Can Barnes & Noble's Black Friday 'secret weapon' reverse the chain's slumping sales?
Barnes & Noble will be offering 500,000 copies of signed works by major authors to kick off the holiday shopping season. But will it be enough?
It's being called Barnes & Noble's "secret weapon" for Black Friday: The struggling bricks-and-mortar bookstore chain has worked secretly for more than seven months to acquire 500,000 signed copies of the latest works by 100 prominent authors – including a US president, celebrity chef, and a beloved comedian – for sale exclusively at their 650-plus stores Friday through Sunday, the traditional kickoff for the holiday shopping season.
Among the authors taking part in the promotion are George W. Bush, Hillary Clinton, Malcolm Gladwell, Neil Patrick Harris, and Amy Poehler, on the non-fiction side. On the fiction side, shoppers will encounter signed copies of books by Dan Brown, Jodi Picoult, and Donna Tartt. The full list of authors and their works is available here.
“It certainly is an in-store traffic driver,” Mary Amicucci, the company’s vice president of adult trade and children’s books, told The Wall Street Journal in an interview. “We learned if we create something unexpected, that’ll be a key driver."
Barnes & Noble has struggled for years to compete with competitors like Amazon, which can offer lower prices and convenient online shopping. Due to fierce competition, sales have slumped at Barnes and Noble in recent years.
The bricks-and-mortar retailer has closed more than 20 of its stores since the summer of 2013. Its e-reader Nook will be spun off into its own company next year. As the Journal reported, same-store sales have declined for seven straight quarters, and are expected to drop again in the next two quarters, according to data from Retail Metrics. And holiday sales at Barnes & Noble have slipped during the last two holiday seasons, dropping almost 7 percent in 2013 and nearly 11 percent in 2012.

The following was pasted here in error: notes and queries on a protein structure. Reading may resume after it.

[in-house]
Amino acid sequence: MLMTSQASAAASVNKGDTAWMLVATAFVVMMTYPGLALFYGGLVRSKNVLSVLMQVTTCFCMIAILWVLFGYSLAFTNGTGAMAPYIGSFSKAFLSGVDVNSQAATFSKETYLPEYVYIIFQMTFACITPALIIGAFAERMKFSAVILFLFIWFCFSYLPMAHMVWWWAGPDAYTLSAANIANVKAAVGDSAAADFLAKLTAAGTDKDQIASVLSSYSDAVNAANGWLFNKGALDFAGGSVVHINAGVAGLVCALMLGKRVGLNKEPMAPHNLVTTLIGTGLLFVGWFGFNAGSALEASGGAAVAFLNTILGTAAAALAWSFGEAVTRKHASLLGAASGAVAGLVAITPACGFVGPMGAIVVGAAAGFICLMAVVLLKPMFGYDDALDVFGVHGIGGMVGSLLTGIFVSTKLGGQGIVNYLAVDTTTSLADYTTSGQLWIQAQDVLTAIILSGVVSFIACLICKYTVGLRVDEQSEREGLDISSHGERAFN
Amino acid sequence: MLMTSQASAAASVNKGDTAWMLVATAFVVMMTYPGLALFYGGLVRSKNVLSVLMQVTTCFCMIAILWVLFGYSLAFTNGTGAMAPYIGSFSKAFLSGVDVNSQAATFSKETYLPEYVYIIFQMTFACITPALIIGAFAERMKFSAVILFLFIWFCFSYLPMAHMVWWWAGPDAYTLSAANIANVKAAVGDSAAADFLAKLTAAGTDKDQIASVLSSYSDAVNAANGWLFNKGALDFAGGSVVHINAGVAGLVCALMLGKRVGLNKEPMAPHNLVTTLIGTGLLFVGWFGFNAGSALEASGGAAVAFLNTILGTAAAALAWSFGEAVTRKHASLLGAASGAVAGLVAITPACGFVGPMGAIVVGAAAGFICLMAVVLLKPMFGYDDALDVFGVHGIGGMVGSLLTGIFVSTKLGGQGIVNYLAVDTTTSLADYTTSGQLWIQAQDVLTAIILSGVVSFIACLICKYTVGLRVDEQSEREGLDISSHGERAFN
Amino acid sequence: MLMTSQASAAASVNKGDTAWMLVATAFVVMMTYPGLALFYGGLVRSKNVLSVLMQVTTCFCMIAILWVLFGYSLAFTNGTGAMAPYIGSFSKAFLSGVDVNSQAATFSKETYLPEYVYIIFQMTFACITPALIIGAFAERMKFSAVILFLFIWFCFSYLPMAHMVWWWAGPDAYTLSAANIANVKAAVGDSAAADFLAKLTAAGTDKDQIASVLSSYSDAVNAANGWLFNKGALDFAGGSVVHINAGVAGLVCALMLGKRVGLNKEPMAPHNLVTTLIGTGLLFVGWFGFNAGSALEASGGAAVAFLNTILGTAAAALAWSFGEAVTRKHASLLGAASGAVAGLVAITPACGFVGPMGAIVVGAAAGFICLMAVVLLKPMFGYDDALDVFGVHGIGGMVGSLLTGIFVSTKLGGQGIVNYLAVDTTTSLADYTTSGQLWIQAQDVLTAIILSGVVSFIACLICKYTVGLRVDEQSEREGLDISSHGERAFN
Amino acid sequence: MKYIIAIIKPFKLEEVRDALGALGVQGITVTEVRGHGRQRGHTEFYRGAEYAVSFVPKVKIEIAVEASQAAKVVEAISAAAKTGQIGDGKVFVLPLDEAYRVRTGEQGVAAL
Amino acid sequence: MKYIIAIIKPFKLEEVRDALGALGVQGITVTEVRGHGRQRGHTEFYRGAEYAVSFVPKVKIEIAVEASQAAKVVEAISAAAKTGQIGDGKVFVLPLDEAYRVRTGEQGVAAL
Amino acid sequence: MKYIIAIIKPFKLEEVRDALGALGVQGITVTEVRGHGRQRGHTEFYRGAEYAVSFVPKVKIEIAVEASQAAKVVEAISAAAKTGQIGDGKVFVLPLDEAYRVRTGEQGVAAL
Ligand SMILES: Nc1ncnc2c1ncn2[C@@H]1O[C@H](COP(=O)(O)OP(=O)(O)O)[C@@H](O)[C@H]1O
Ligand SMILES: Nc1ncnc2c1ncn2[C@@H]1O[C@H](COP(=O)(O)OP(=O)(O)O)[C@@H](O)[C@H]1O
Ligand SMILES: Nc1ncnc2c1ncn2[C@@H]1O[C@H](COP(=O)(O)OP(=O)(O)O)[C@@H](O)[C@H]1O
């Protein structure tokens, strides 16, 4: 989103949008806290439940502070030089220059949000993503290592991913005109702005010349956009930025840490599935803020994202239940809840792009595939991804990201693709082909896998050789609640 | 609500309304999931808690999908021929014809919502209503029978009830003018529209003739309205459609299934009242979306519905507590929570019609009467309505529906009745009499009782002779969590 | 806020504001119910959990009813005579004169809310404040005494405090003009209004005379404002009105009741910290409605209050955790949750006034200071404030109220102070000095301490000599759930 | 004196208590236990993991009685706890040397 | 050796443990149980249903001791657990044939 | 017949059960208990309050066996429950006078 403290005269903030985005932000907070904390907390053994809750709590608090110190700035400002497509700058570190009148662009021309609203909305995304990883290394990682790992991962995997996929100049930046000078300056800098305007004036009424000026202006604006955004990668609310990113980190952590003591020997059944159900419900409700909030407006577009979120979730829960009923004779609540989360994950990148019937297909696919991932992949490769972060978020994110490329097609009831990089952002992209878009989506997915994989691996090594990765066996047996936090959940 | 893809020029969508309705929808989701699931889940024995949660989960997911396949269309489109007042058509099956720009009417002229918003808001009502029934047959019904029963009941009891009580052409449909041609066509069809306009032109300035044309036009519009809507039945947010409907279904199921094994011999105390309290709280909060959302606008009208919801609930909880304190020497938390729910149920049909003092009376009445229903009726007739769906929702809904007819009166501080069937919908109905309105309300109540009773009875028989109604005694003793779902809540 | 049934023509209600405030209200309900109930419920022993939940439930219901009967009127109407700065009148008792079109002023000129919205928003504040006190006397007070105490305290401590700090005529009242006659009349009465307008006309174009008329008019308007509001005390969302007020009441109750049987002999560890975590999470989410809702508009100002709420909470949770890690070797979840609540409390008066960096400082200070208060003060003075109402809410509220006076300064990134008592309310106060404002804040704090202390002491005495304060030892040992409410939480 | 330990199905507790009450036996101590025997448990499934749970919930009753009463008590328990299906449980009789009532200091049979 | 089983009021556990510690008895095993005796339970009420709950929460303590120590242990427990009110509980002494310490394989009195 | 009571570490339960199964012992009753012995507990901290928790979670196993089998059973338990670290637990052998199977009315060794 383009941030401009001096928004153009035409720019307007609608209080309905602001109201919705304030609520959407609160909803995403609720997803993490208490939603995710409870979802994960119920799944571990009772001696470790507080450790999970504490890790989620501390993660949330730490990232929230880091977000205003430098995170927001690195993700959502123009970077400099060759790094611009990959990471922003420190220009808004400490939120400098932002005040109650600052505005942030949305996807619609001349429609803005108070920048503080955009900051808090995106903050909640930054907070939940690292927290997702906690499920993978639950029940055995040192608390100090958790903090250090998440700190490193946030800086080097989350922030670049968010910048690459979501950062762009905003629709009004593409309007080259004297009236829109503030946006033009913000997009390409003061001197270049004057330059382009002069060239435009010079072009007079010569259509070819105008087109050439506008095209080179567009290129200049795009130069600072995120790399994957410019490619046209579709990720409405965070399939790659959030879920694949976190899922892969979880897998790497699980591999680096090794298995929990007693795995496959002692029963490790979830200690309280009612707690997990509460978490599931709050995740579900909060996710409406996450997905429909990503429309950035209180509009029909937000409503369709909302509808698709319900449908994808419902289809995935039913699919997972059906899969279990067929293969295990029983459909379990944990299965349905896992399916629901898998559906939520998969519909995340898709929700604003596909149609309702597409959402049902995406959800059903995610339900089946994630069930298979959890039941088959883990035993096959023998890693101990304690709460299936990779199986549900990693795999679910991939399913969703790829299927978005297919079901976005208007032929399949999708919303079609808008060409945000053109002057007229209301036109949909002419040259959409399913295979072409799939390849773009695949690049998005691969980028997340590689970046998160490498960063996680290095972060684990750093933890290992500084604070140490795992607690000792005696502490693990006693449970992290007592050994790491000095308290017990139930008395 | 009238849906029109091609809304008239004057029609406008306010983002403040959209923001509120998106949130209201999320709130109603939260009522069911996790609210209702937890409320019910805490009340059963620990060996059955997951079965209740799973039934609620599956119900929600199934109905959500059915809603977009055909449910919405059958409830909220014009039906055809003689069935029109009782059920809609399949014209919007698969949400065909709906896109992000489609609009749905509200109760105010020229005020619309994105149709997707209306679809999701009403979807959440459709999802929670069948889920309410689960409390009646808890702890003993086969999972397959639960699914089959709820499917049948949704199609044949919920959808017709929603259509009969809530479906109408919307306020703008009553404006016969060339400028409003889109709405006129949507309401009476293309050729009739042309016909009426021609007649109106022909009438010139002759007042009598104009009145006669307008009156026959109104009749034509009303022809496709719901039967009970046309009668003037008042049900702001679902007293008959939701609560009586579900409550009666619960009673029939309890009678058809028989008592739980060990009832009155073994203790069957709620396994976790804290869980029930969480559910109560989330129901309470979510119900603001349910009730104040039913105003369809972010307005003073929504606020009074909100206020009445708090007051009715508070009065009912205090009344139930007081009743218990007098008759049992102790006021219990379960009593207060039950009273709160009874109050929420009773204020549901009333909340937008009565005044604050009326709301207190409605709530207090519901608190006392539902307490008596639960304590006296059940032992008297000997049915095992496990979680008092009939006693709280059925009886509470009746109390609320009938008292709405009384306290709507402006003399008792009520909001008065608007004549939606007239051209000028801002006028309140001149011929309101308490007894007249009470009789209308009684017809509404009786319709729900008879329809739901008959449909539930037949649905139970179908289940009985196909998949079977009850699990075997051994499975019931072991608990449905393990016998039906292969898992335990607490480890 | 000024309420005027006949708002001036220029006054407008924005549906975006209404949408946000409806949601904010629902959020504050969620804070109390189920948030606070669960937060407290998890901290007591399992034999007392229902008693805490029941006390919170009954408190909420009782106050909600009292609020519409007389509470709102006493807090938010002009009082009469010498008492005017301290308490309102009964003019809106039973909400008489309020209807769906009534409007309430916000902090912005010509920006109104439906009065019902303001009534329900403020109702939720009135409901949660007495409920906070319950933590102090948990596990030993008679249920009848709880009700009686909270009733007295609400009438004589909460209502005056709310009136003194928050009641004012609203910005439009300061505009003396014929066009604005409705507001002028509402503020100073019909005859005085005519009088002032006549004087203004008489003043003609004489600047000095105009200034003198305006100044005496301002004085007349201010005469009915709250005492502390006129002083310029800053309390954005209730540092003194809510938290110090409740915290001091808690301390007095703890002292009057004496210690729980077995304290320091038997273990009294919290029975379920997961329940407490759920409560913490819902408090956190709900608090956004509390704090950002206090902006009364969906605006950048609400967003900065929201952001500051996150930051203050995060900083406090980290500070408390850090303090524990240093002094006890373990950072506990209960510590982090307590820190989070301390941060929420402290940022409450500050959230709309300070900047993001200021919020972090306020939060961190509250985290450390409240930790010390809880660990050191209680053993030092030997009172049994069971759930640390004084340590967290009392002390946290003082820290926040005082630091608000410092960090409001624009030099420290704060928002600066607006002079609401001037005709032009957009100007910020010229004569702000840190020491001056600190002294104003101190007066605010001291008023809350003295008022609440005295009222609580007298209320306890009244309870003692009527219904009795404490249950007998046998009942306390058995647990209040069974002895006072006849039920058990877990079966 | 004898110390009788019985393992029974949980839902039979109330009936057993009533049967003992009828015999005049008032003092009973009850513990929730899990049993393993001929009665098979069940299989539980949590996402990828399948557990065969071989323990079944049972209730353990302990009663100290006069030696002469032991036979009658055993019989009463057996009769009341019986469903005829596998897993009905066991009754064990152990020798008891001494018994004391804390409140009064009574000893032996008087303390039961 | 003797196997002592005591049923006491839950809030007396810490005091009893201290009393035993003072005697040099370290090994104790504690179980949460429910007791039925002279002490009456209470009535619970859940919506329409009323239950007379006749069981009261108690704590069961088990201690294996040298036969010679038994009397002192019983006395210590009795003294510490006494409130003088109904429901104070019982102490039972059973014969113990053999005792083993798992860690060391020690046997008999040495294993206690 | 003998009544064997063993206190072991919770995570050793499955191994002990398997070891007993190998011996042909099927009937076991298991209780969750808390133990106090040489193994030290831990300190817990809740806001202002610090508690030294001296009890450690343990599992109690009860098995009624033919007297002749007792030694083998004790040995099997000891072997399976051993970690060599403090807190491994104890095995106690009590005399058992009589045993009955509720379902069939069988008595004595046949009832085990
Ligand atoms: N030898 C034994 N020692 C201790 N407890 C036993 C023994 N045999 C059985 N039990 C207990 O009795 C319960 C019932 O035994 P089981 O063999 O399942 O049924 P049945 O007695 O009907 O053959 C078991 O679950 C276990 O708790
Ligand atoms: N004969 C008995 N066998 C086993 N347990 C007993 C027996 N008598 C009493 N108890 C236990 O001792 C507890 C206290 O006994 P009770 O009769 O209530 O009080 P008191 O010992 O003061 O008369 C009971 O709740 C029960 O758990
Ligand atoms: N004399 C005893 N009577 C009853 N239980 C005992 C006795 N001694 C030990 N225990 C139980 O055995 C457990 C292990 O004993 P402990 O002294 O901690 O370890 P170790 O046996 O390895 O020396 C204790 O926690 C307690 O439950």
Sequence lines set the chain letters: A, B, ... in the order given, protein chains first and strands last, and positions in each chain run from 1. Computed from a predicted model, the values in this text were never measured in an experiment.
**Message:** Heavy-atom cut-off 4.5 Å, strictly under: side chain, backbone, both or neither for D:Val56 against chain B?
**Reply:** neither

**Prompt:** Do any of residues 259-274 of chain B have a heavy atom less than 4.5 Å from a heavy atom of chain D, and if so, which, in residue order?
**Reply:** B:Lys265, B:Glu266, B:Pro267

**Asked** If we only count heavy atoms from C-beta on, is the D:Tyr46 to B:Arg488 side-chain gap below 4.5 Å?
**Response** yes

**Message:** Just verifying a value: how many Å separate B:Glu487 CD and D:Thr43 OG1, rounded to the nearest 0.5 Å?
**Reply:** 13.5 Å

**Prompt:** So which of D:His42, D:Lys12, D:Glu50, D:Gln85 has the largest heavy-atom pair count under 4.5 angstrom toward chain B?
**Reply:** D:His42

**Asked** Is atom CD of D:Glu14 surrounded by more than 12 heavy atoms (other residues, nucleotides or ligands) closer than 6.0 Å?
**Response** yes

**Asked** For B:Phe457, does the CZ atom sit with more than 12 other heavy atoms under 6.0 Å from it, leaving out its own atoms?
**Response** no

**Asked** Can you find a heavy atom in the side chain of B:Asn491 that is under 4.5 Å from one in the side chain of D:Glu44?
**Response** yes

The signed-books promotion is an effort to stem slumping sales and bring customers away from their computer screens and into stores.
Its clear the retailer is trying to think outside of the box.
In addition to the 500,000 signed copies promotion, it is marketing itself as a destination for all kinds of gifts, not just books. Its list of 10 “most inspired” gifts includes a craft beer kit and a USB turntable, according to reports.
But the question remains – will it work?
Slate's Alison Griswold seems to think so. "[I]t's a pretty obvious ploy to get book lovers off of Amazon and into Barnes & Noble's physical locations, but it also seems like a savvy one," she writes. "After all, if you come in to snag an autographed copy of "The Goldfinch" or "The Polar Express" – the kind of thing you can't just download onto your Kindle – you might also decide to pick up that copy of Pride and Prejudice you'd been meaning to get instead of ordering it online."
“It’s a good idea and a way to differentiate themselves,” Retail Metrics President Ken Perkins told the Journal. “But I’m not sure it will move the needle in a meaningful way.”
By the end of Black Friday weekend, Barnes & Noble will have the answer to its anticipated experiment.